This statutory relationship between the time of a county budget hearing, on the one hand, and the date fixed for the certification of levies to the assessor, on the other, is also reflected in a third statute, RCW 36.40.090.  That statute, which comes into play once the county budget has been formally adopted,1/ reads as follows:

            "The board of county commissioners shall then fix the amount of the levies necessary to raise the amount of the estimated expenditures as finally determined, less the total of the estimated revenues from sources other than taxation, including such portion of any available surplus as in the discretion of the board it shall be advisable to so use, and such expenditures as are to be met from bond or warrant issues:  Provided, That no county shall retain an unbudgeted cash balance in the current expense fund in excess of a sum equal to the proceeds of a one dollar and twenty-five cents per thousand dollars of assessed value levy against the assessed valuation of the county.  All taxes shall be levied in specific sums and shall not exceed the amount specified in the preliminary budget."

            In 1971, however, the legislature, by its enactment of chapter 136, Laws of 1971, 1st Ex. Sess., amended the county budget process by adding the following new section (now RCW 36.40.071) to chapter 36.40 RCW:

            "Notwithstanding any provision of law to the contrary, the board of county commissioners may meet for the purpose of holding a budget hearing, provided for in RCW 36.40.070, on the first Monday in December.  The board of county commissioners may also set other dates relating to the budget process, including but not limited to the dates set in RCW 36.40.010, 36.40.050, and 36.81.130 to conform to the alternate date for the budget hearing."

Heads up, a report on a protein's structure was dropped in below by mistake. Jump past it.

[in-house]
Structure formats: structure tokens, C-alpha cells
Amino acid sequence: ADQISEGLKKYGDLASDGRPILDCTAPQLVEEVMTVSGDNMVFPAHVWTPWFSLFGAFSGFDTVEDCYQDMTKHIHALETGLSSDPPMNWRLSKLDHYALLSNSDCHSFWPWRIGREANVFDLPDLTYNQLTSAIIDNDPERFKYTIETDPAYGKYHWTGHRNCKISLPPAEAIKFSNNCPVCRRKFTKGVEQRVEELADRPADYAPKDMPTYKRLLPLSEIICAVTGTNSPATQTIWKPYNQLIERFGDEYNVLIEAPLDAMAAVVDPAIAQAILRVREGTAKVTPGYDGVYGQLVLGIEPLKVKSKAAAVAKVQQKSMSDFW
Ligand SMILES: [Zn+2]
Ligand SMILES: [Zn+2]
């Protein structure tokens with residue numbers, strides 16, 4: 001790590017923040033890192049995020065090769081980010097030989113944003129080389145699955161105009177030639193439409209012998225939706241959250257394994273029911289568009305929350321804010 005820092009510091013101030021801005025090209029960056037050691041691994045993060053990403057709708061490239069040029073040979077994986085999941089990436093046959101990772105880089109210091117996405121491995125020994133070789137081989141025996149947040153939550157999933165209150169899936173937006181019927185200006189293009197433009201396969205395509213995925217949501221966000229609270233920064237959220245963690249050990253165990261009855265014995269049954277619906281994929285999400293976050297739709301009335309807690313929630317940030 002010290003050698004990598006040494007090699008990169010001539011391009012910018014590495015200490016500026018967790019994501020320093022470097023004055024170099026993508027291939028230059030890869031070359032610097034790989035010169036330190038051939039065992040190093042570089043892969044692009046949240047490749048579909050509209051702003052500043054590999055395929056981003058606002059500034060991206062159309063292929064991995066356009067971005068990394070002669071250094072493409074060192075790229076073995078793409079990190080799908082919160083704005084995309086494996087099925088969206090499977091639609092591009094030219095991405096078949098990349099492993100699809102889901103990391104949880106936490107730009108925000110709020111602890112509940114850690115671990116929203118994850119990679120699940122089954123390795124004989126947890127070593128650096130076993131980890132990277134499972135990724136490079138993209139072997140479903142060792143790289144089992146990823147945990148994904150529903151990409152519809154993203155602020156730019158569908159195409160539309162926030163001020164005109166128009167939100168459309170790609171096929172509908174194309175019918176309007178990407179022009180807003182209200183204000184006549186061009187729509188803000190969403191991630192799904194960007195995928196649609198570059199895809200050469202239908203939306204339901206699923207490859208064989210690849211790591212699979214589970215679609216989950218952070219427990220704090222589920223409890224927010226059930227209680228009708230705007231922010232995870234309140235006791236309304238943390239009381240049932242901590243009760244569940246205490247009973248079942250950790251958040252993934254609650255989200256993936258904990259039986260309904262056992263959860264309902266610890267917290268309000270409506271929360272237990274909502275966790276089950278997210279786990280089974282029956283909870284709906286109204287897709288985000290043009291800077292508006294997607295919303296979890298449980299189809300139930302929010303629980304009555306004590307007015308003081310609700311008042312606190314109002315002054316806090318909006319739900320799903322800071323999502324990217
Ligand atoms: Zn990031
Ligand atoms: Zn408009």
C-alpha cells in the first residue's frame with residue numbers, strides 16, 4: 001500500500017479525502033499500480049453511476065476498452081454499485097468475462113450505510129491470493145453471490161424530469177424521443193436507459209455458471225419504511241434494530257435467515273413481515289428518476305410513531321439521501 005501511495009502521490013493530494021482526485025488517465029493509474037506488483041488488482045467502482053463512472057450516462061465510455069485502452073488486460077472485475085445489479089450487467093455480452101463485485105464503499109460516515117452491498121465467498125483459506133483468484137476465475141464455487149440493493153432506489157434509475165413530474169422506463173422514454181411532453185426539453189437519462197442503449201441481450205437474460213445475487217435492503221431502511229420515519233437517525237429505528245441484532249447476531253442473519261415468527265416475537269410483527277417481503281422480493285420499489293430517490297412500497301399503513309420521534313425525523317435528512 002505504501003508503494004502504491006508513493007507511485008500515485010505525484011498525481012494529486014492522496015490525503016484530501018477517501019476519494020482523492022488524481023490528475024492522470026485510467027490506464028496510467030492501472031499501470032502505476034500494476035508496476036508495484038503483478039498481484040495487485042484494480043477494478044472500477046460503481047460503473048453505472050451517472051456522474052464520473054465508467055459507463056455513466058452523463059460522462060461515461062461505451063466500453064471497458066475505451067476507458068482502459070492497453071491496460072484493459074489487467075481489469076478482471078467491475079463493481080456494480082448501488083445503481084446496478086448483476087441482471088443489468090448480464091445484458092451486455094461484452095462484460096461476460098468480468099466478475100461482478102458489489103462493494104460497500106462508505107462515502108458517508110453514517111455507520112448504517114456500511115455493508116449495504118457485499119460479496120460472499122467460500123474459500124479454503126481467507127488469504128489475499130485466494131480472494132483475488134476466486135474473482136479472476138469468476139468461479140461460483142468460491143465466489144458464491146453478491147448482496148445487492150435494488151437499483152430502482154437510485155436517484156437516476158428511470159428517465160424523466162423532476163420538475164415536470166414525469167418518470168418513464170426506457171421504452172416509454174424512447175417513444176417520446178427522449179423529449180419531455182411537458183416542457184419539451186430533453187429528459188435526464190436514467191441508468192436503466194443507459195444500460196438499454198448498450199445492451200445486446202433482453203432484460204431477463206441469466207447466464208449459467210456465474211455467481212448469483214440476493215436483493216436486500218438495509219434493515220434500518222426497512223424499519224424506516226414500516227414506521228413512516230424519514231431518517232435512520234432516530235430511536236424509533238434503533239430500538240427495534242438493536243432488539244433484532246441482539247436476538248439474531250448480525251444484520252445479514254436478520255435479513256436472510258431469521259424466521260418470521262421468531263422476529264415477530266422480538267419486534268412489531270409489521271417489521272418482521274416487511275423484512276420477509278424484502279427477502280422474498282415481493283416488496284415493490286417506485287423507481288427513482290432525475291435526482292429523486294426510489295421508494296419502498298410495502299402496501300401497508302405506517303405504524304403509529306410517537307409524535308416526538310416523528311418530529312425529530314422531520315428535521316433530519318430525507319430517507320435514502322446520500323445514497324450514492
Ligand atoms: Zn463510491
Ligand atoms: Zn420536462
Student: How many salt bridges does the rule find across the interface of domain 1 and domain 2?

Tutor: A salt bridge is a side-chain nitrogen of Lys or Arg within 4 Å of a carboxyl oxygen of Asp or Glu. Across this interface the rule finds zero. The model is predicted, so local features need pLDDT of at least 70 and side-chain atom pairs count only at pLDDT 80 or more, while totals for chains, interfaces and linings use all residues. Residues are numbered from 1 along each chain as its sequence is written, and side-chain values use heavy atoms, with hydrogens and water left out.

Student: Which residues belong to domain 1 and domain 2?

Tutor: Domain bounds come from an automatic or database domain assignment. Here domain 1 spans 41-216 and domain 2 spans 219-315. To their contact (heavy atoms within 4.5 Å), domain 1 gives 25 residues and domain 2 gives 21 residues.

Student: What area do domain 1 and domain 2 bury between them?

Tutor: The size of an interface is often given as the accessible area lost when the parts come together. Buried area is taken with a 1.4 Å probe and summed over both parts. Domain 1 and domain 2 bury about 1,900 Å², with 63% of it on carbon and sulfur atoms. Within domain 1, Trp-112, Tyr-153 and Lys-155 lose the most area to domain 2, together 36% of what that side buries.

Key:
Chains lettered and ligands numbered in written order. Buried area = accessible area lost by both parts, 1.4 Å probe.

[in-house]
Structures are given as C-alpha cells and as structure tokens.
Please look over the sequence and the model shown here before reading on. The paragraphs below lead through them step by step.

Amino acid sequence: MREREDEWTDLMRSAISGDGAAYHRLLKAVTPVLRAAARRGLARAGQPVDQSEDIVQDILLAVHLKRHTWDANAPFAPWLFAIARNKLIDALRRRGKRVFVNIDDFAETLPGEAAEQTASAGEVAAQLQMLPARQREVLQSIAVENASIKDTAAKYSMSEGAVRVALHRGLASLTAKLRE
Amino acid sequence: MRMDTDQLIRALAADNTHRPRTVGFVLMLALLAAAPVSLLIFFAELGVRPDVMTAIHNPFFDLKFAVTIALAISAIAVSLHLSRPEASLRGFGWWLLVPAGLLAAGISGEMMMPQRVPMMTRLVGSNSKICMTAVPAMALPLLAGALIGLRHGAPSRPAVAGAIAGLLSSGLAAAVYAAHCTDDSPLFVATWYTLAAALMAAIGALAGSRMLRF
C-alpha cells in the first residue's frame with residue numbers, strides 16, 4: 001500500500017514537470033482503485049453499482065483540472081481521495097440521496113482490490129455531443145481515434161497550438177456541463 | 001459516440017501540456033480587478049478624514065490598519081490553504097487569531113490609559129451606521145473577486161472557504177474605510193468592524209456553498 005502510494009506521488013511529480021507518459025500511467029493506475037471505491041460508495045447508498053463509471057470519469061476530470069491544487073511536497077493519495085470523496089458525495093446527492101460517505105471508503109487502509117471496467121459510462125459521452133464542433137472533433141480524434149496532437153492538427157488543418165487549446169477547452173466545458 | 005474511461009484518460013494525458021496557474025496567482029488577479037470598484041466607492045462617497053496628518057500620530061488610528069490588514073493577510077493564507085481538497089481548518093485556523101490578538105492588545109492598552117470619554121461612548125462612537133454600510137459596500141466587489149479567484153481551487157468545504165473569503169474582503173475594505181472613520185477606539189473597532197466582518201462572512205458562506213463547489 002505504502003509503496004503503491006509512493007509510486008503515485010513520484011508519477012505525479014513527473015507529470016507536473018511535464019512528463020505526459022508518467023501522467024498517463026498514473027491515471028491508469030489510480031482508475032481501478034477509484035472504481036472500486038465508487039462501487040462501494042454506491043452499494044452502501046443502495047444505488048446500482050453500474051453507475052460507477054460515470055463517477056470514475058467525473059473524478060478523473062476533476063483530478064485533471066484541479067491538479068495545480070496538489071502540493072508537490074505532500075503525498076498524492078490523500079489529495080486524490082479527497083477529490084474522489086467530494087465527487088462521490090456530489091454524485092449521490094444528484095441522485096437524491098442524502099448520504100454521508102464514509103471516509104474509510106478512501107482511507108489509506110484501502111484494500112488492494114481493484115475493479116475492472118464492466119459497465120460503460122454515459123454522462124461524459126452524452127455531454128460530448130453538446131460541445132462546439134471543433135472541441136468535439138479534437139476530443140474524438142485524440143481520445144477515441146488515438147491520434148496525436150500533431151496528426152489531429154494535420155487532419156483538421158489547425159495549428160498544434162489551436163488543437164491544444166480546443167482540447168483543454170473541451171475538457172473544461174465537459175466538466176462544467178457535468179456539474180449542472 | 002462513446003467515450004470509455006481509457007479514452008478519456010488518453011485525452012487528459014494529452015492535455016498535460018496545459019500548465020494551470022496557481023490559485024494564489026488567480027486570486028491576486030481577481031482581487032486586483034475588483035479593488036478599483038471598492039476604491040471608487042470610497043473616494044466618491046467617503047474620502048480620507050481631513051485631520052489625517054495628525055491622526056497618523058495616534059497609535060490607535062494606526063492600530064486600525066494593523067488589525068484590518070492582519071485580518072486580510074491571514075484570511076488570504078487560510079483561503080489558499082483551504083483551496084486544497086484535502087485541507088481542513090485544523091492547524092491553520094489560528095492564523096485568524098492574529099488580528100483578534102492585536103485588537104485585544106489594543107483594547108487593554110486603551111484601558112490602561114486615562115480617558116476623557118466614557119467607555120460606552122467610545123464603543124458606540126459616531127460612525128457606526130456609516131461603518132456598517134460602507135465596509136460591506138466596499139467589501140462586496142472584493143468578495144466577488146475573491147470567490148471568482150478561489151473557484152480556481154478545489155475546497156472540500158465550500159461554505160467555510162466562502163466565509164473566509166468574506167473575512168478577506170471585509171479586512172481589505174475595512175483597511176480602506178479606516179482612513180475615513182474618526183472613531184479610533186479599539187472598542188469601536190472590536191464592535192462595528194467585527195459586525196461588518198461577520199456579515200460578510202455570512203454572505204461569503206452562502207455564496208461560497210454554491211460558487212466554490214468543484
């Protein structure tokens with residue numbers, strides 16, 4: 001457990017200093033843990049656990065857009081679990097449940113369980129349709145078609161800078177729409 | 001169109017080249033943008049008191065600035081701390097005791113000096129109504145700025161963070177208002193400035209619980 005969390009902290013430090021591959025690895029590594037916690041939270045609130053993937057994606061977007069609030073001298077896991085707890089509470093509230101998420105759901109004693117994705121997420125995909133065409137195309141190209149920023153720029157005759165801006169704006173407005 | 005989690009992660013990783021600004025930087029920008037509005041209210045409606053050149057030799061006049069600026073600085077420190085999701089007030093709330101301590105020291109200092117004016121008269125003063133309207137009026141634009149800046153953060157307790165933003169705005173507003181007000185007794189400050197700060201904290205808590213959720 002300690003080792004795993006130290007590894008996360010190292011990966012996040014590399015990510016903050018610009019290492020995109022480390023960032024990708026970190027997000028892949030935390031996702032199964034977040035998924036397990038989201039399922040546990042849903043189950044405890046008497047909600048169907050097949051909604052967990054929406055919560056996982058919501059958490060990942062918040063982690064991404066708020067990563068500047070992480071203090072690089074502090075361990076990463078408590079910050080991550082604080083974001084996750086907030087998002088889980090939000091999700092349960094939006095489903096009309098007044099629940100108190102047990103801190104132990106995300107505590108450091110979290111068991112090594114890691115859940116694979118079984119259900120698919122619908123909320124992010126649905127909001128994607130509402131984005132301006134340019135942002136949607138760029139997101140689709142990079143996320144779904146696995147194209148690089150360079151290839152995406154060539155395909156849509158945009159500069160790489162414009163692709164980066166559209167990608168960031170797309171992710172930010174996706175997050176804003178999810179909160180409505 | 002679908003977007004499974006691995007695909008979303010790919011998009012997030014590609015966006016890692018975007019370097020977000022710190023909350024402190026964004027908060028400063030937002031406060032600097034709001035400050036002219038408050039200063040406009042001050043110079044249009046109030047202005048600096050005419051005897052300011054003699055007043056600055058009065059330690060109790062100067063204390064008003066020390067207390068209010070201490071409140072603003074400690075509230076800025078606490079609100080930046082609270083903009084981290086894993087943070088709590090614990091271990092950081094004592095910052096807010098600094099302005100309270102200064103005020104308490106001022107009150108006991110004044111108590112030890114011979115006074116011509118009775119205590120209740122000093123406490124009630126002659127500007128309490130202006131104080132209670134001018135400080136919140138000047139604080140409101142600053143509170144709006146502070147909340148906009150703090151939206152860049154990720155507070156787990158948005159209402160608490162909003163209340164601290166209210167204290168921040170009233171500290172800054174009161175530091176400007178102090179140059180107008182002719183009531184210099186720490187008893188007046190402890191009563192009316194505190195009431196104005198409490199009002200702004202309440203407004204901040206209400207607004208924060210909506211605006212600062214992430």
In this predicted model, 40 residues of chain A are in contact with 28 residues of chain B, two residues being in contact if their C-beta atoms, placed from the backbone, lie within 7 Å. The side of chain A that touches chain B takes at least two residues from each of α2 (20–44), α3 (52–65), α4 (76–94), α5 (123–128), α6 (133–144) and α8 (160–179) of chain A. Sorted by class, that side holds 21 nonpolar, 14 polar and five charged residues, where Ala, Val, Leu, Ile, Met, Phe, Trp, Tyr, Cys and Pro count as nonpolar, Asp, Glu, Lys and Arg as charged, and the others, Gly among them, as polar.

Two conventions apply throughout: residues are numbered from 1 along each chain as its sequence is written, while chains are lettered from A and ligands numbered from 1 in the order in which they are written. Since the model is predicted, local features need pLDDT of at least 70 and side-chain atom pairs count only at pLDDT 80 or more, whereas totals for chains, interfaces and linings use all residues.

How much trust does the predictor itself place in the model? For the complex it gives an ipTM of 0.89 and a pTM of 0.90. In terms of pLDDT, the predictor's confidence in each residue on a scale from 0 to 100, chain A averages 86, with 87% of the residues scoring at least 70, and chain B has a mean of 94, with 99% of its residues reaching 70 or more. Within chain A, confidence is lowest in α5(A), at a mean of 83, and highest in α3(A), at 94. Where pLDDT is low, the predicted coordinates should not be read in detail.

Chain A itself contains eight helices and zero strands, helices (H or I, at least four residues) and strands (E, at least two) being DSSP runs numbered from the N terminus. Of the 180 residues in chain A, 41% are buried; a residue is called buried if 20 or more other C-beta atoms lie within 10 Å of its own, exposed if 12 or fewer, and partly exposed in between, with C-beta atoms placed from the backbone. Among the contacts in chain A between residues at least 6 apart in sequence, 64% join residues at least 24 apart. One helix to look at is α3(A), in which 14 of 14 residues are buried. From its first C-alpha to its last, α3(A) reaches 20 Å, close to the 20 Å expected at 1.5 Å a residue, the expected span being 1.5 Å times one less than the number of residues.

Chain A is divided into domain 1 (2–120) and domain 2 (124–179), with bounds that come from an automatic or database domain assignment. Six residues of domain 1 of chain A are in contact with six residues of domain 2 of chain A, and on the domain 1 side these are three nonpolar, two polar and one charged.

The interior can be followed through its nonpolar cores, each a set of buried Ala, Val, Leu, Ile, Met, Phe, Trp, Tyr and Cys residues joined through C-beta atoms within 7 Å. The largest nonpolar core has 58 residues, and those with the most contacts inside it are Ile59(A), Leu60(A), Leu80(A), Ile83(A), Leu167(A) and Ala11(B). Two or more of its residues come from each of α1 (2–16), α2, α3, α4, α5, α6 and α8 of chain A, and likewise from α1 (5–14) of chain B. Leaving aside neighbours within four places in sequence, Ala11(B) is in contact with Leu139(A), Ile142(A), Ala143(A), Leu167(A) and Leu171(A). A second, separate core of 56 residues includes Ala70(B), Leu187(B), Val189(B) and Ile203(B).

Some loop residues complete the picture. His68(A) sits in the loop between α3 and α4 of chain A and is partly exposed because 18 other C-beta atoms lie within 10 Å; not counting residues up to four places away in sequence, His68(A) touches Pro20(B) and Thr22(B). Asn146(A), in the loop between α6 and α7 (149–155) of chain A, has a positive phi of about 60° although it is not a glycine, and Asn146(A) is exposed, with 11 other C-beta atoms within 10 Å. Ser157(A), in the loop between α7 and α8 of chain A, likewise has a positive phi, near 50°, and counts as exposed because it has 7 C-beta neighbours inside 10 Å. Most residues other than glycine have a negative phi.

The problem is that the legislature made no correlative change in the language of RCW 84.52.070,supra, thus  [[Orig. Op. Page 3]] leaving it possible to argue that although a county budget need not now be adopted until the early part of December of any given year, the ad valorem property taxes to fund that budget still must be levied nearly two months earlier, on the second Monday in October.  Your question, in effect, is whether we would agree with that view or, instead, would subscribe to a belief that in those cases where the county budget hearing is delayed until December (in accordance with RCW 36.40.071, supra) the act of imposing the county tax levy may also be deferred accordingly.